Since the start of the Cold War in 1945, it seemed as if both the USSR and the USA, the two most powerful and influential superpowers, were set to be opponents in the game for world domination. Indeed, as no actual fighting and direct collision between the two nations took place, it was public opinion that the world would witness another, and most likely a nuclear World War. Nevertheless, critical events during the Khrushchev period between 1953 and 1964 argue that a thawing of relations between the East and the West could bring the world to peace. This period was characterized by Soviet opening of borders and Khrushchev's willingness to accept peaceful-coexistence with the Americans. On the other hand, the Americans under the Eisenhower and Kennedy administration maintained a tough stance on Communism to prevent its expansion whilst at the same time, Khrushchev tried to push forward Soviet interests in those areas where they seemed vital. Hence to what extent was the Khrushchev period, a period of thaw during the Cold War? To compare the situation from the late 1940s to the beginning of the 1960s, we have to analyze the foreign policies of both Khrushchev for the USSR and those of Eisenhower and Kennedy for the USA. It is their foreign policy that truly exposes their individualistic motives whist maintaining that the thaw was a practical' way for both sides to prevent a devastating nuclear war.
[...] Thus only a limited thaw existed during the 1950's as Khrushchev would only permit a little bit of freedom but not too much. As seen by the Hungarian uprising, any attempt against the communist government would end in a blood bath. What is interesting in the handling of this crisis is how the Americans appeared to be giving encouragements to East Europeans to rebel with hints that they might come to help. It had now become know that there was never a real chance of this, even if Foster Dulles had given that impression. [...]
[...] It is true that Khrushchev felt like a boxed in man by the Americans as he cited that the US missiles in turkey were only 150 miles from the USSR, which frightened the soviets of an imminent US attack. Hence Khrushchev began to look for a way to counter the United States lead and Cuba was the answer, shouldn't the Soviet Union have the right to do the same as America?” and he was right. For the Russians, this was the opportunity to gain support and influence in the Pacific. [...]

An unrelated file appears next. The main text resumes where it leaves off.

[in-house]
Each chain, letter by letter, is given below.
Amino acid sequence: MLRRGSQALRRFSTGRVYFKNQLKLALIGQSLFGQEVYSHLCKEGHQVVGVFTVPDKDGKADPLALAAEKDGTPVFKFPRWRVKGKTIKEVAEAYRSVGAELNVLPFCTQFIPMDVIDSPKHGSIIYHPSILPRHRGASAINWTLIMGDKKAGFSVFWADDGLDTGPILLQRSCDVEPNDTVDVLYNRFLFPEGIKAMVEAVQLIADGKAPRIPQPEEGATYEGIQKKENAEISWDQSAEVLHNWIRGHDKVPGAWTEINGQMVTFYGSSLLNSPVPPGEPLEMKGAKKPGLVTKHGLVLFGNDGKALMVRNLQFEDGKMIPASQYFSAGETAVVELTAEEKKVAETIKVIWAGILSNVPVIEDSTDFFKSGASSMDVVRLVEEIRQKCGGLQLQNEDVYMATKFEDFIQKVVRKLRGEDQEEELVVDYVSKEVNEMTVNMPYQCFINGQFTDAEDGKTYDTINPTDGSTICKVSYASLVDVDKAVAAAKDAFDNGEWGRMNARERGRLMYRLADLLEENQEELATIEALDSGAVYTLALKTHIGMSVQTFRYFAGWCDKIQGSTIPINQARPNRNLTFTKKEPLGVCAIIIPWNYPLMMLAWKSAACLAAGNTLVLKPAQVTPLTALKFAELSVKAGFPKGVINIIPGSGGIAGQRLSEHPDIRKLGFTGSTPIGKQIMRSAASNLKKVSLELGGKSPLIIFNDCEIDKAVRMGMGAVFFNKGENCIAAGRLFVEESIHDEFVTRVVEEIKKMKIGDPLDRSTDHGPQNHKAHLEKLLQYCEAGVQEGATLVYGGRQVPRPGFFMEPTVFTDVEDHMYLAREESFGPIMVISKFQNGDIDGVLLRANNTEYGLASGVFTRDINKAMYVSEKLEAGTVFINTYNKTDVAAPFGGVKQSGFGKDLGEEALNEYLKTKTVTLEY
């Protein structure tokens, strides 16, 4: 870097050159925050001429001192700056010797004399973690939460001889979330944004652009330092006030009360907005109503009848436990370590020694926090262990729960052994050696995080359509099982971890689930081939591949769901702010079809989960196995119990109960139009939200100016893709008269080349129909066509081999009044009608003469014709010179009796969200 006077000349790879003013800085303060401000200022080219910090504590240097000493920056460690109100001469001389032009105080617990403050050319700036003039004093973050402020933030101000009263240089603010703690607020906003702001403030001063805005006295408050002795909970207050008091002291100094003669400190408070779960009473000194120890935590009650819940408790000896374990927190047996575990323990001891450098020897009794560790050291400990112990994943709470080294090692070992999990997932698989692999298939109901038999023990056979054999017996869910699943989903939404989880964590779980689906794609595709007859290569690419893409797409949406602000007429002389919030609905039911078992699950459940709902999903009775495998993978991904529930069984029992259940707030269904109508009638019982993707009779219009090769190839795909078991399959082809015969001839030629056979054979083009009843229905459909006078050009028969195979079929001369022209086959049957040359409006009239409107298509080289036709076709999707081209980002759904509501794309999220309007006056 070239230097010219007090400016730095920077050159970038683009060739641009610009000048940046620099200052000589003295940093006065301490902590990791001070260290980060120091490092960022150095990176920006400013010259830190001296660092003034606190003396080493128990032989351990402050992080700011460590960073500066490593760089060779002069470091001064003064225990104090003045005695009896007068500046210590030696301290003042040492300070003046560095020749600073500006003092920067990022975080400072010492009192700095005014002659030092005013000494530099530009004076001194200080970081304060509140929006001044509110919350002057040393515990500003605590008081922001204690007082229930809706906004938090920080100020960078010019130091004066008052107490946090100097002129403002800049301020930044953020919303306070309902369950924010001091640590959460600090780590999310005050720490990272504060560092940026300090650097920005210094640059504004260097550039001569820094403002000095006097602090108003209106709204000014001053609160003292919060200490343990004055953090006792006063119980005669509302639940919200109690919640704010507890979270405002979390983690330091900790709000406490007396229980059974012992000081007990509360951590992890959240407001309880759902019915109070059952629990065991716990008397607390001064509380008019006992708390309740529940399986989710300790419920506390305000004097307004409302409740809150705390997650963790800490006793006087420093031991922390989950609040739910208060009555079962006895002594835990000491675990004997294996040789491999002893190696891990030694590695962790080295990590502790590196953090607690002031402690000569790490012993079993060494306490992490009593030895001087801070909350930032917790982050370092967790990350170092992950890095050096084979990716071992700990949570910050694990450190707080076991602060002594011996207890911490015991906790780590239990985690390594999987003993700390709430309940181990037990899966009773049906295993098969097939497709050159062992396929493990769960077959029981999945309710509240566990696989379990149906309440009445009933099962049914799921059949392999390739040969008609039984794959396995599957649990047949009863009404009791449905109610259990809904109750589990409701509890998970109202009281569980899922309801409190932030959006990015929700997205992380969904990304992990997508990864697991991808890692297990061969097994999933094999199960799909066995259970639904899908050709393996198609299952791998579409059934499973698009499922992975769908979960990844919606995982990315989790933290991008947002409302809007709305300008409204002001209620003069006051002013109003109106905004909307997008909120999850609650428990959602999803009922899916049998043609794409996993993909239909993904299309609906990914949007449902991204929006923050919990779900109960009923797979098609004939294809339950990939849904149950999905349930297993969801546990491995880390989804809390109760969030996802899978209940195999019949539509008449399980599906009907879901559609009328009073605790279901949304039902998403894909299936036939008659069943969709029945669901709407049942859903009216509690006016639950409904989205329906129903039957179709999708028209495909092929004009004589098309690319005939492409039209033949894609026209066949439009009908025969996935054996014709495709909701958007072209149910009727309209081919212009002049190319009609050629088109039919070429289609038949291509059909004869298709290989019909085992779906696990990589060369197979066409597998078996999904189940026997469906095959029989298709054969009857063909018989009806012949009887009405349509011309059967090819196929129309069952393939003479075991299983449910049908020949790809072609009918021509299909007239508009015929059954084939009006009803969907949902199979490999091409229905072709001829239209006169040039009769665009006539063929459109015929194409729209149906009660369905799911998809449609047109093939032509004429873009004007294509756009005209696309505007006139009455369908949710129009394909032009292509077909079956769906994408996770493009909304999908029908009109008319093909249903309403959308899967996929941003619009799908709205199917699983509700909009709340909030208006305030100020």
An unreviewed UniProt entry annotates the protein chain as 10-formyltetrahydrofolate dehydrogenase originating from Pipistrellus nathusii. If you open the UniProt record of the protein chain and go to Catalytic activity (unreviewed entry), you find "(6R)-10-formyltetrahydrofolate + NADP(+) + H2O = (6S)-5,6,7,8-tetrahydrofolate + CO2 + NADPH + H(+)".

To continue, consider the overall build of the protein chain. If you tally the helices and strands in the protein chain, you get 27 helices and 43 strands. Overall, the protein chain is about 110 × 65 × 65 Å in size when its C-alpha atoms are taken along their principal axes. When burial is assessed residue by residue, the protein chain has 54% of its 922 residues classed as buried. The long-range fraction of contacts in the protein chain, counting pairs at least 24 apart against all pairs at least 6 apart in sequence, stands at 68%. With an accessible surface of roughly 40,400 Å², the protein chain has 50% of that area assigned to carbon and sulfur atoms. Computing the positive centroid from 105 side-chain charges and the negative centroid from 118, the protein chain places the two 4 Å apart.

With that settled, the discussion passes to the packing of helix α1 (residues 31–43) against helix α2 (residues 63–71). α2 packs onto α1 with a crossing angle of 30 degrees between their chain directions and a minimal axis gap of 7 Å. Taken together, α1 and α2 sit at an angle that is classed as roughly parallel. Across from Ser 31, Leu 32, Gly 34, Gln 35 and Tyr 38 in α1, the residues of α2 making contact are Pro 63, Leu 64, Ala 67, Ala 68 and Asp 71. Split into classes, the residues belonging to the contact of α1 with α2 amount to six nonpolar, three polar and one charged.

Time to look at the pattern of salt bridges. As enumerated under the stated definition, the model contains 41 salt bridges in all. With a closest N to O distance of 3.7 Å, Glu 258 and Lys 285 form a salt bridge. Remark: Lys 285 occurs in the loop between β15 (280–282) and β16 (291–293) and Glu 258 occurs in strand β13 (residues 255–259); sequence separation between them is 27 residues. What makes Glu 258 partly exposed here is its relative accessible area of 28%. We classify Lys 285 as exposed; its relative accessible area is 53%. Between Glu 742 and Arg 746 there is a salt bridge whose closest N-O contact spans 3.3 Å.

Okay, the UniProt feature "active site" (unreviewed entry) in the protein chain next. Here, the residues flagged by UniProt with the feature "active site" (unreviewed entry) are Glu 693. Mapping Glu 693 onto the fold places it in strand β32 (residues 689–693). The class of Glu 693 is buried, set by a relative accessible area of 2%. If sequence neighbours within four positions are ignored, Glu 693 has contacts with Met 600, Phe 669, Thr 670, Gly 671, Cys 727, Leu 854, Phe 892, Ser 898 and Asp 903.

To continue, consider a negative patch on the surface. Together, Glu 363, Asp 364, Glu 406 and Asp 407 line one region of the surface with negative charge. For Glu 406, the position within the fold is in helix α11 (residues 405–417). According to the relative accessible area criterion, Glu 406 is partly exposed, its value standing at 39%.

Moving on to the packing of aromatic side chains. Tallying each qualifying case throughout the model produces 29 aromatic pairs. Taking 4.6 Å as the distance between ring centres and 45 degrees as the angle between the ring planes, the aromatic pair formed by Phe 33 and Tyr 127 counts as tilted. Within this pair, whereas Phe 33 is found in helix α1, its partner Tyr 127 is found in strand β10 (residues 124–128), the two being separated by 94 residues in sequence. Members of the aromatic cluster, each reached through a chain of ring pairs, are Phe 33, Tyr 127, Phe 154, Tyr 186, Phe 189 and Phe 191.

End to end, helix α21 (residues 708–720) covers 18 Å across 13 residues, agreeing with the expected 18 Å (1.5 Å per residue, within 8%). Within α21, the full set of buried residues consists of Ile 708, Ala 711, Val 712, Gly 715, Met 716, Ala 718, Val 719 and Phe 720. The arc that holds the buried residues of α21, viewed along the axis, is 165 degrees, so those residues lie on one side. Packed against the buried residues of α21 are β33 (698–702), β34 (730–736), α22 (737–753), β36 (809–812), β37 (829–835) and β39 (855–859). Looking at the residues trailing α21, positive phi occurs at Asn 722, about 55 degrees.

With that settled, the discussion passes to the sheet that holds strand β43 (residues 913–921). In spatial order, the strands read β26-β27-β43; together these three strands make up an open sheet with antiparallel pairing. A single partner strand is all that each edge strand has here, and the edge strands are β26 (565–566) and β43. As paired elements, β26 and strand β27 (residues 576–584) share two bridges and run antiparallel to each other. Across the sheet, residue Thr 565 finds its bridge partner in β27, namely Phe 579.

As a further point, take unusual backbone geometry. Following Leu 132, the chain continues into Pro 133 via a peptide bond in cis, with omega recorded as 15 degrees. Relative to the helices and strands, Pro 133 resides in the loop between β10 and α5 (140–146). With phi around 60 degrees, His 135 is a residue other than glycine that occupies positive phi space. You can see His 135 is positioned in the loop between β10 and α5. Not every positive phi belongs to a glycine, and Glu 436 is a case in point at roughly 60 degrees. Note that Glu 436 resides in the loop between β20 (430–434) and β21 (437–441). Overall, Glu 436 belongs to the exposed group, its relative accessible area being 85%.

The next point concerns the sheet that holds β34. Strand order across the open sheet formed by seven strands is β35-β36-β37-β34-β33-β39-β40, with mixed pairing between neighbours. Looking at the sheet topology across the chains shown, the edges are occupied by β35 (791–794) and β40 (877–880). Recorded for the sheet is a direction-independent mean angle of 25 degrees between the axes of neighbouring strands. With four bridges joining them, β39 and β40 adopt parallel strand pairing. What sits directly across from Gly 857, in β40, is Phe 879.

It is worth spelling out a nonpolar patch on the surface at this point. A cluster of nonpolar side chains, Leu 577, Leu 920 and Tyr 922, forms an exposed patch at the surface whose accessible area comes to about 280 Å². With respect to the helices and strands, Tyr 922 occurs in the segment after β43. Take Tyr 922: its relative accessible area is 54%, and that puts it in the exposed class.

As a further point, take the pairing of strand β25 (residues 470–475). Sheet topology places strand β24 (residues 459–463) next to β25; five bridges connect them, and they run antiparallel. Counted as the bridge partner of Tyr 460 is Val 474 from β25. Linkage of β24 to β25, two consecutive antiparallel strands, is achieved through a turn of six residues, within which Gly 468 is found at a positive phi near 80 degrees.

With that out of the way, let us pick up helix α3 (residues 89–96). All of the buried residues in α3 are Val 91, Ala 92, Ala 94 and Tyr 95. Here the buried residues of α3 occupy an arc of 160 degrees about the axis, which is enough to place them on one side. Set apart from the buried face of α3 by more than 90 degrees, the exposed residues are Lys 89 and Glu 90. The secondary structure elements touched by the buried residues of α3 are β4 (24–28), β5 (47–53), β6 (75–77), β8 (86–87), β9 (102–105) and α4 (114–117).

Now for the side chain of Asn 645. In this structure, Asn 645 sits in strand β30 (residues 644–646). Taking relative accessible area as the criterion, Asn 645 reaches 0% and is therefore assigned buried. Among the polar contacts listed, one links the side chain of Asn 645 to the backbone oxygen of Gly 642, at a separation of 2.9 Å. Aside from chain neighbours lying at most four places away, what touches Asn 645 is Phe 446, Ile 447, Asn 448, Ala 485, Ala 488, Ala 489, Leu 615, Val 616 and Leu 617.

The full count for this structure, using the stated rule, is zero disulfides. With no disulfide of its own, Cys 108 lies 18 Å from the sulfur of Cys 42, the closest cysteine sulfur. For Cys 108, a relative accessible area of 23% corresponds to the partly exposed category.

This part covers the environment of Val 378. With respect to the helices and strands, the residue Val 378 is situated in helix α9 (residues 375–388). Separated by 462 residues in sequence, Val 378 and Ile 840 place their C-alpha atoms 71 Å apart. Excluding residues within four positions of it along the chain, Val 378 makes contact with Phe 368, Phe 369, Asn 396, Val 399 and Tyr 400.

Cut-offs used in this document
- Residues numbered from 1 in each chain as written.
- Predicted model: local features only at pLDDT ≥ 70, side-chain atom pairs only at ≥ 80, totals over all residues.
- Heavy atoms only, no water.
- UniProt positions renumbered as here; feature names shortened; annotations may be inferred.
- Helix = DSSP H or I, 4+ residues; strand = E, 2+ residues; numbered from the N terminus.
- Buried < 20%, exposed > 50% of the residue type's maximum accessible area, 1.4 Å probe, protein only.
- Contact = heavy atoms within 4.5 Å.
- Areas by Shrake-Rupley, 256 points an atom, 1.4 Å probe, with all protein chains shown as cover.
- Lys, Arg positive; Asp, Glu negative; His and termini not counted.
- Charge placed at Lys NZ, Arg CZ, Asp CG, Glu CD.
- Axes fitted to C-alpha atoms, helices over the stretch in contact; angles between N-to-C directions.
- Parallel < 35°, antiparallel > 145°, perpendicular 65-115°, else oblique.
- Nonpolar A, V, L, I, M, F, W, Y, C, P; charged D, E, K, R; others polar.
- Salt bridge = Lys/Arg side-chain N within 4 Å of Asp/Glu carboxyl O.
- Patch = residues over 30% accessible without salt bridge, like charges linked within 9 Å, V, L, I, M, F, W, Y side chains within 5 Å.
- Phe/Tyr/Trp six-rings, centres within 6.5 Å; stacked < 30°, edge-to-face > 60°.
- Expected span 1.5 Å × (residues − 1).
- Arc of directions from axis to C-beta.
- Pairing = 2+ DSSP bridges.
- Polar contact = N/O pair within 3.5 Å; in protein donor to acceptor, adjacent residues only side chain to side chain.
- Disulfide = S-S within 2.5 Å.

[...] In addition the signing of the Austrian State Treaty in 1955 was the most important development in the thaw of the Cold War as it brought together Soviet and American efforts to a mutual goal, the independence of Austria. Like Germany, Austria had been separated into zones, splitting the West from the East. The three western powers organized the recovery of their zone while the Soviets squeezed out all of its resources. Hence the Russians were afraid that a merge between Western Austria and West Germany could happen right beneath their eyes. [...]
[...] Therefore the Khrushchev period was only a limited period of thaw as the actions that took place were not directed exactly at the opponent they were trying to weaken. Hence tension was palpable whenever the opponent took knowledge of what his enemy was discreetly undertaking. In the later years of Eisenhower's mandatory, the Cold War was at its pick. By 1957, the world had witnesses the inefficiency of Washington's foreign policy and how badly dealt was the Cold War in Europe. [...]
[...] Notwithstanding, Khrushchev's main motive for a thaw was to limit the chance of engaging the USA into a nuclear war but the situation in Moscow was pushing him to the brink. By 1960 Khrushchev had more trouble satisfying the hard-line communists in the soviet government than with the Americans. Embarrassed by the critics made by Mao as being too weak on the Americans, Khrushchev had to become aggressive to keep his popularity up in the USSR. In the USA, Eisenhower's outstanding achievement was to avoid war. [...]
using our reader.